This image provided by Matthew Murphy shows Alex Brightman, from left, Ian Shaw and Colin Donnell in a scene from the play "The Shark is Broken." (Matthew Murphy via AP)

NEW YORK | A rickety boat. Three guys with egos. And a massive, deadly shark. What could go wrong?

Not what you might be expecting with “The Shark Is Broken,” the lyrical play that opened Thursday about the trio of actors who enlivened the pioneering Steven Spielberg -directed movie “Jaws.”

Set on a boat off Martha’s Vineyard during filming in 1974, “The Shark Is Broken” is a moving comedy-drama, mirroring the way the movie segued from horror to playfulness so effortlessly.

It stars Colin Donnell as Roy Scheider, the police chief Brody; Alex Brightman as Richard Dreyfuss, the oceanographer Hooper; and Ian Shaw as Robert Shaw, the shark hunter Quint. The play instantly earns legitimacy because Ian Shaw is Robert’s lookalike son and a co-writer.

It’s about the backstage frustration of making the first summer blockbuster, of course — one audience member in line at a preview wearing a “Jaws” T-shirt will be pleased — but captures much more in its net.

The long idle hours due to the mechanical sharks’ malfunctioning and the onboard anger between actors produce spiky discussions about responsibility, trauma, fatherhood, acting, commerce and alcohol, often lubricated by Scotch.

“It is the grit in the oyster that produces the pearl,” Shaw tells his companions, explaining how personal clashes can help fuel their art. He’s right — he’s often the play’s grit, and it has produced a little pearl of a play.

The script — and Guy Masterson’s unfussy direction — never lets interest lag over the play’s 90, intermission-less minutes, the tension, humor, depth, silliness and horror coming like waves lapping the boat.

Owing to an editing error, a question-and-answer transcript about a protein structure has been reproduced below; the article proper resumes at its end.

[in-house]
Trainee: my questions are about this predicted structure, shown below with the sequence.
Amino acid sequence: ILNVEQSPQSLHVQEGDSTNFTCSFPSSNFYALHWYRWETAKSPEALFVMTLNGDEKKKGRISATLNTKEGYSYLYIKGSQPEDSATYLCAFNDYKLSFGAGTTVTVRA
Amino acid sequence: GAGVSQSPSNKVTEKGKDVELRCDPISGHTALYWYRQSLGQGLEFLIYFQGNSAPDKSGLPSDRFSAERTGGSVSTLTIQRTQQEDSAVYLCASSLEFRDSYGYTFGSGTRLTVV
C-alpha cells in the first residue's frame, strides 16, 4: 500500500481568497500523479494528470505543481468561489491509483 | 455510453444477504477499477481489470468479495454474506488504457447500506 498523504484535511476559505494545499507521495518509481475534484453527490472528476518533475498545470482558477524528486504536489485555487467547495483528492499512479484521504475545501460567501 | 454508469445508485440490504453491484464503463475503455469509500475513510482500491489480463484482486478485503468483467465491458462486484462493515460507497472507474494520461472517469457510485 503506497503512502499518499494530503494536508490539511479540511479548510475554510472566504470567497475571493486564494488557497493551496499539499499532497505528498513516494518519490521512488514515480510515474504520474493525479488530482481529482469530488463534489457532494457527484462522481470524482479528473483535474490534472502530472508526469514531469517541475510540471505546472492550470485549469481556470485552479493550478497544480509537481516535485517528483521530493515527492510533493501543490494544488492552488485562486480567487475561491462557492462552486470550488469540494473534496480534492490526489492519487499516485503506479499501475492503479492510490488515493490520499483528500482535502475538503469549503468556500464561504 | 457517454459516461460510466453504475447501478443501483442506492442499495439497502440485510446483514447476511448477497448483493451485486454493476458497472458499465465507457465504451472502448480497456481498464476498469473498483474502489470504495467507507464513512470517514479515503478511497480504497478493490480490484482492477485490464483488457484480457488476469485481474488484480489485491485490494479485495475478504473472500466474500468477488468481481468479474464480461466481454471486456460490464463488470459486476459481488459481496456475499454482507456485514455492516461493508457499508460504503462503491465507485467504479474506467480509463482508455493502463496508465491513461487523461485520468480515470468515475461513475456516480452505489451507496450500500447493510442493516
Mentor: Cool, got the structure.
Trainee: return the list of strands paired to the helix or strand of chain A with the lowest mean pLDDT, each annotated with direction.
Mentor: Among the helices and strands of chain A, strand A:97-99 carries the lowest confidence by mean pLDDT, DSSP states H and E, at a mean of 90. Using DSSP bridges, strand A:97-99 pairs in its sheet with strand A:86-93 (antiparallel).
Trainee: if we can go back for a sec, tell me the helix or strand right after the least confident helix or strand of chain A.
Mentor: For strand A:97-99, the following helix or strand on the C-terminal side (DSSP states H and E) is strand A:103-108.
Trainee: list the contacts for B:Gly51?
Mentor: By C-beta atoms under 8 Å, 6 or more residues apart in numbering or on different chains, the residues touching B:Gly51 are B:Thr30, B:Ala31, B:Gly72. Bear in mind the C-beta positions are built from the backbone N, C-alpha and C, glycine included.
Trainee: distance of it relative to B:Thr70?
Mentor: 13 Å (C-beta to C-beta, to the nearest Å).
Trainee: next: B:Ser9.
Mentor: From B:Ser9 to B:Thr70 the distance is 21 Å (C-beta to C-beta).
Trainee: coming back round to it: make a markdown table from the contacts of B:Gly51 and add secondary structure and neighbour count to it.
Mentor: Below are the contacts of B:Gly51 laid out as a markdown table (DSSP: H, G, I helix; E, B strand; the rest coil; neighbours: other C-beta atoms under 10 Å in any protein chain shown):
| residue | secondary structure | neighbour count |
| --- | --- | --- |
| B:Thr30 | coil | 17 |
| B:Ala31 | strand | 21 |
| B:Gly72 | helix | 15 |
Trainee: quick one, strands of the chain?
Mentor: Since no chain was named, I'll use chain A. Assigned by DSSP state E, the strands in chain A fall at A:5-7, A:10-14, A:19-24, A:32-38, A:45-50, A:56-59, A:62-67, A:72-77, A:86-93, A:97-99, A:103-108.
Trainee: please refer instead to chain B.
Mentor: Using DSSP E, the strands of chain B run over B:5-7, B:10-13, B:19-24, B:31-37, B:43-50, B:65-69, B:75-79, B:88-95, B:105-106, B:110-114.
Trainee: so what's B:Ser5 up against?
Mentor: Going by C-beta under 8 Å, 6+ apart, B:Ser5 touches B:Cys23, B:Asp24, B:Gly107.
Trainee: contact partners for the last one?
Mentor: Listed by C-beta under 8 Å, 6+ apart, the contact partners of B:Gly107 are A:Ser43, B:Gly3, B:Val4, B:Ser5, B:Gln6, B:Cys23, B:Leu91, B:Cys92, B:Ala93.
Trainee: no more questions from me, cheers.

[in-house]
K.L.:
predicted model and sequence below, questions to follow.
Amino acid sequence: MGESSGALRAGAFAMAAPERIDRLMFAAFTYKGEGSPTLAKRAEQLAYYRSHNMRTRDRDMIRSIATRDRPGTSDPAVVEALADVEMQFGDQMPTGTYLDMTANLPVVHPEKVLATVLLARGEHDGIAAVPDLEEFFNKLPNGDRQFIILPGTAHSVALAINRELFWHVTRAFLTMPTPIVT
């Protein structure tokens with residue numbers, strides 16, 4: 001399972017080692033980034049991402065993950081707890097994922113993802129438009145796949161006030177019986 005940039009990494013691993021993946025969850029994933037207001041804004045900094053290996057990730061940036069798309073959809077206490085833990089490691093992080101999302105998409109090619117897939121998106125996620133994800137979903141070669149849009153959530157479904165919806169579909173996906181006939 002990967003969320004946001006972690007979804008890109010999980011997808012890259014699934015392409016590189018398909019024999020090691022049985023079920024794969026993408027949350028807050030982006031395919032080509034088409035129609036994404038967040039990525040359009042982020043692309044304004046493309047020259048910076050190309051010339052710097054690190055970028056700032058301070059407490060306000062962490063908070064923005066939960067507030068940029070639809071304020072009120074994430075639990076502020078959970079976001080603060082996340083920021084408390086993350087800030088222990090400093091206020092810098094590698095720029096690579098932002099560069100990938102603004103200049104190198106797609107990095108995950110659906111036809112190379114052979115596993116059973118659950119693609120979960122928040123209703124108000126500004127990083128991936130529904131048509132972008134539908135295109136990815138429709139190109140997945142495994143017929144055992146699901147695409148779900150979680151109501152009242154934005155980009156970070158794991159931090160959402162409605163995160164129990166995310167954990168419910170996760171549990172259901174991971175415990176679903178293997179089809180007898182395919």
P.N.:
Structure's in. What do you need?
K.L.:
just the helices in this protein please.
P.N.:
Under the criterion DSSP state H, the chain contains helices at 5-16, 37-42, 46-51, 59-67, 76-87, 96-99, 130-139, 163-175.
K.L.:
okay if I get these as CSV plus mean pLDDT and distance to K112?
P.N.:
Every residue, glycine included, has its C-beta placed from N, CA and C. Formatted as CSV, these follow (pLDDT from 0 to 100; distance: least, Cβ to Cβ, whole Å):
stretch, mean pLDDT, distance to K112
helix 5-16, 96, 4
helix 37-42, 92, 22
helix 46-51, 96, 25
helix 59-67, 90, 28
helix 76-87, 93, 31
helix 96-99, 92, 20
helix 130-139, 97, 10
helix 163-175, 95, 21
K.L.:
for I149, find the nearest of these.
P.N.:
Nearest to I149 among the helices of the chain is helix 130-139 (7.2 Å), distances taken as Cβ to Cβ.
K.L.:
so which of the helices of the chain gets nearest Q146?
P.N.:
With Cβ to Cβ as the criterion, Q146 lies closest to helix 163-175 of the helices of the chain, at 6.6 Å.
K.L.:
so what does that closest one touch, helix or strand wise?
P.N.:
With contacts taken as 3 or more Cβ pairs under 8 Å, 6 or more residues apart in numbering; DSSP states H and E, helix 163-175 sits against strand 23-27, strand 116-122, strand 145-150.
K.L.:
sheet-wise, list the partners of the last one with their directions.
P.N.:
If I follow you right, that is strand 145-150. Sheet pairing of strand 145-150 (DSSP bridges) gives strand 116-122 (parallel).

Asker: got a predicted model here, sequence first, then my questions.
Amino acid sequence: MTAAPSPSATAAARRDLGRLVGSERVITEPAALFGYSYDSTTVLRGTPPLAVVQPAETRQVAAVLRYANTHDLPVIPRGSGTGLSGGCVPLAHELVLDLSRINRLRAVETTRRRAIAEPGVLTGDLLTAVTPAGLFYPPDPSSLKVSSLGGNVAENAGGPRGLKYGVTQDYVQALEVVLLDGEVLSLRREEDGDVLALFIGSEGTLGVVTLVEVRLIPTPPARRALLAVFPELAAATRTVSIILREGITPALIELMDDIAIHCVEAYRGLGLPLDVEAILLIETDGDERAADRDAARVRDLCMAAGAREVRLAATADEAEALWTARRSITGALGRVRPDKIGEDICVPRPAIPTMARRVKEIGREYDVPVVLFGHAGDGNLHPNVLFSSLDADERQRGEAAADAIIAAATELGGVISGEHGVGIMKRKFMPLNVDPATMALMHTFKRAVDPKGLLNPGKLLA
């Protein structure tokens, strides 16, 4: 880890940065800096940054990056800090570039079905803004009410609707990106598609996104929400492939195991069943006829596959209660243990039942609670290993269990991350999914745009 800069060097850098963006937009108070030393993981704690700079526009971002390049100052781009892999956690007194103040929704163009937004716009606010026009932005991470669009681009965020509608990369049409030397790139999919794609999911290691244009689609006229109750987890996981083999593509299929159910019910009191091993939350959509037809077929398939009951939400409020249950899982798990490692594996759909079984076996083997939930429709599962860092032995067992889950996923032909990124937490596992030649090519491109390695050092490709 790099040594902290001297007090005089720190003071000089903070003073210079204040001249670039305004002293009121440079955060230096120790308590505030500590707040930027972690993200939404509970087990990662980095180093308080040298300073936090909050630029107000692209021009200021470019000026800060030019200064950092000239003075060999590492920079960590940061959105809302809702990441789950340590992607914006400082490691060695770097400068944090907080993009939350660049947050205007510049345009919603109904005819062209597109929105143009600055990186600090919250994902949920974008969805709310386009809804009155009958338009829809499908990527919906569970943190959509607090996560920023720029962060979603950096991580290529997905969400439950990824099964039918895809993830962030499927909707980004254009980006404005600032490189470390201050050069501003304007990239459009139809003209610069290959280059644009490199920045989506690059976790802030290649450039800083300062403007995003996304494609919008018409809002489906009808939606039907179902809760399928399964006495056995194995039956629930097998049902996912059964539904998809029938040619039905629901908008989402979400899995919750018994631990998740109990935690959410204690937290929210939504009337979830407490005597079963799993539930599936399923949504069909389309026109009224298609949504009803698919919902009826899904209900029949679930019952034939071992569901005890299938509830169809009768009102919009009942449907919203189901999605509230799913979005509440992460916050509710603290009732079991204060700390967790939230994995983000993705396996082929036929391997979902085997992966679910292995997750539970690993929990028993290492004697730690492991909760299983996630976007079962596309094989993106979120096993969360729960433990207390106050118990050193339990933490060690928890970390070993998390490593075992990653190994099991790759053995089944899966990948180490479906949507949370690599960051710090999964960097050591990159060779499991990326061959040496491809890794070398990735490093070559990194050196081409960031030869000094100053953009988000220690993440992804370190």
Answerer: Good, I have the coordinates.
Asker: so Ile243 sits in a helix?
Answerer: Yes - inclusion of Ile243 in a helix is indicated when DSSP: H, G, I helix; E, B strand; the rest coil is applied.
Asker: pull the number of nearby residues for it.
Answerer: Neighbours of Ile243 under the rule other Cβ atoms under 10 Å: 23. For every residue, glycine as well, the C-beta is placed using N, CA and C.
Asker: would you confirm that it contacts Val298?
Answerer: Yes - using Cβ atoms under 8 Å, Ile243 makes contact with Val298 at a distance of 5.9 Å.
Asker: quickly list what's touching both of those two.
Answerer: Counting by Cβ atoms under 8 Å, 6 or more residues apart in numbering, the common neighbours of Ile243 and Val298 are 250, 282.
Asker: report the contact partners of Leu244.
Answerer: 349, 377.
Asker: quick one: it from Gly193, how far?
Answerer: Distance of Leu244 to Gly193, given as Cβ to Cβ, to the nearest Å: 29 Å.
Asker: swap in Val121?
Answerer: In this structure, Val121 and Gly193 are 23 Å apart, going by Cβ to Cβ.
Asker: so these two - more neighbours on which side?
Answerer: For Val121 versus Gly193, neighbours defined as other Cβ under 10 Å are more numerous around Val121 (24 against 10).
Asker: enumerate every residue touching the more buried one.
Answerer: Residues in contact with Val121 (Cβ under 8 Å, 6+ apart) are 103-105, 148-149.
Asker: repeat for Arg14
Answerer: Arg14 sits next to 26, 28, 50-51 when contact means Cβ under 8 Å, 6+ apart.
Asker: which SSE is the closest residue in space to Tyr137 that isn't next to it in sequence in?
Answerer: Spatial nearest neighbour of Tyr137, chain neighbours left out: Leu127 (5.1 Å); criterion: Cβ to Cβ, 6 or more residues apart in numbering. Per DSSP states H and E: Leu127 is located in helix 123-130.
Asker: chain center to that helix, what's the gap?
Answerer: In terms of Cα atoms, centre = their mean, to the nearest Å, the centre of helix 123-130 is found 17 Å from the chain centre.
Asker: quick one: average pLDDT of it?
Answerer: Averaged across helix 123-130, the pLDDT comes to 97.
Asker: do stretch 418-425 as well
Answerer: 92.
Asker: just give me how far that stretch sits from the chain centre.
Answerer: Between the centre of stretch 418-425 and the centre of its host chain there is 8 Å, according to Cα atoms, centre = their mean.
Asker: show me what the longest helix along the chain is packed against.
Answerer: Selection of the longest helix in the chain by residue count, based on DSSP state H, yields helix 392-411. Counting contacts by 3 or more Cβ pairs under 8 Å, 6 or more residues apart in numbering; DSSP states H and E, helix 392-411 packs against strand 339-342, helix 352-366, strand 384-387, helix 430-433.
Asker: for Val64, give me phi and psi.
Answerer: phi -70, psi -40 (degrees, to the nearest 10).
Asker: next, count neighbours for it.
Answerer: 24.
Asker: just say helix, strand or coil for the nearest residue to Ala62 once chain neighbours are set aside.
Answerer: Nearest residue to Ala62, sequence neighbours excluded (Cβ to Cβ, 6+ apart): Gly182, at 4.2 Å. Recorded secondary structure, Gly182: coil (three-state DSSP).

Quint’s famous USS Indianapolis speech — “1,100 men went in the water, 316 men come out, the sharks took the rest” — forms the play’s backbone as Shaw struggles to initially memorize it, then rewrites it and finally delivers it masterfully.

Ian Shaw co-wrote the script with Joseph Nixon and based it on interviews, books and documentaries. They have made Regular Joes of cinematic heroes, an even harder task for the younger Shaw when it is your late dad you are portraying and creating dialogue for.

His Shaw is a squinty, non-nonsense, Shakespeare-quoting tough guy with financial and alcoholic problems who suffers fools poorly. Brightman’s Dreyfuss is a bundle of nervous insecurity — “Am I any good? As an actor?” he asks — while he thirsts for fame and yet also, perhaps impossibly, respectability. His physical humor is awesome.

Donnell as Scheider is the sensible one, a newspaper-reading, controlled pro, inserting dry facts into the discussion, sitting angularly and trying to keep the other two civil. (He finally reveals a delicious vein of frustration in one scene alone when his sunbathing is interrupted).

All three actors — think of them as nebbish, brutish and fastidious — pitch their performances well beyond caricature and more like inspiration, showing the audience their character’s quirks only as a way to understand them in a larger way as flawed and delightful men.

The audience is taken back to the insecurity before the release of “Jaws” and the worry anyone has if the project we’re working on is worth it. “Do you really think people are going to be talking about this in 50 years?” asks Shaw. He later offers this poor prediction: “This film is destined for the dustbin of history.”

Designer Duncan Henderson creates a messy boat and grounded the costumes into the time period, the mid-’70s when the legal sharks at the U.S. Capitol were circling then-President Richard Nixon. When he is asked what’s new one morning, Scheider replies: “War. Disease. Famine. Bombs. Terrorists. Riots. Religious maniacs. You know, the usual.”

Some of the highlights include a more-than-sly dig at former President Donald Trump — “There will never be a more immoral president than Tricky Dicky” — and the future of Hollywood: “Mark my words, boys, one day there will only be sequels. Sequels and remakes, and sequels to remakes and remakes of sequels.”

Perhaps ultimately, it is a play about passing the torch — embodied perfectly by the sight of one Shaw playing his own father — and saying goodbye to the older generation.

“I fear the future belongs to a generation of self-absorbed neurotics,” Shaw tells Scheider when Dreyfuss is notably away. “I think we’ll be in good hands, Robert,” comes the reply. We are indeed in good hands. There’s nothing broken on this stage besides sharks.

Mark Kennedy is at

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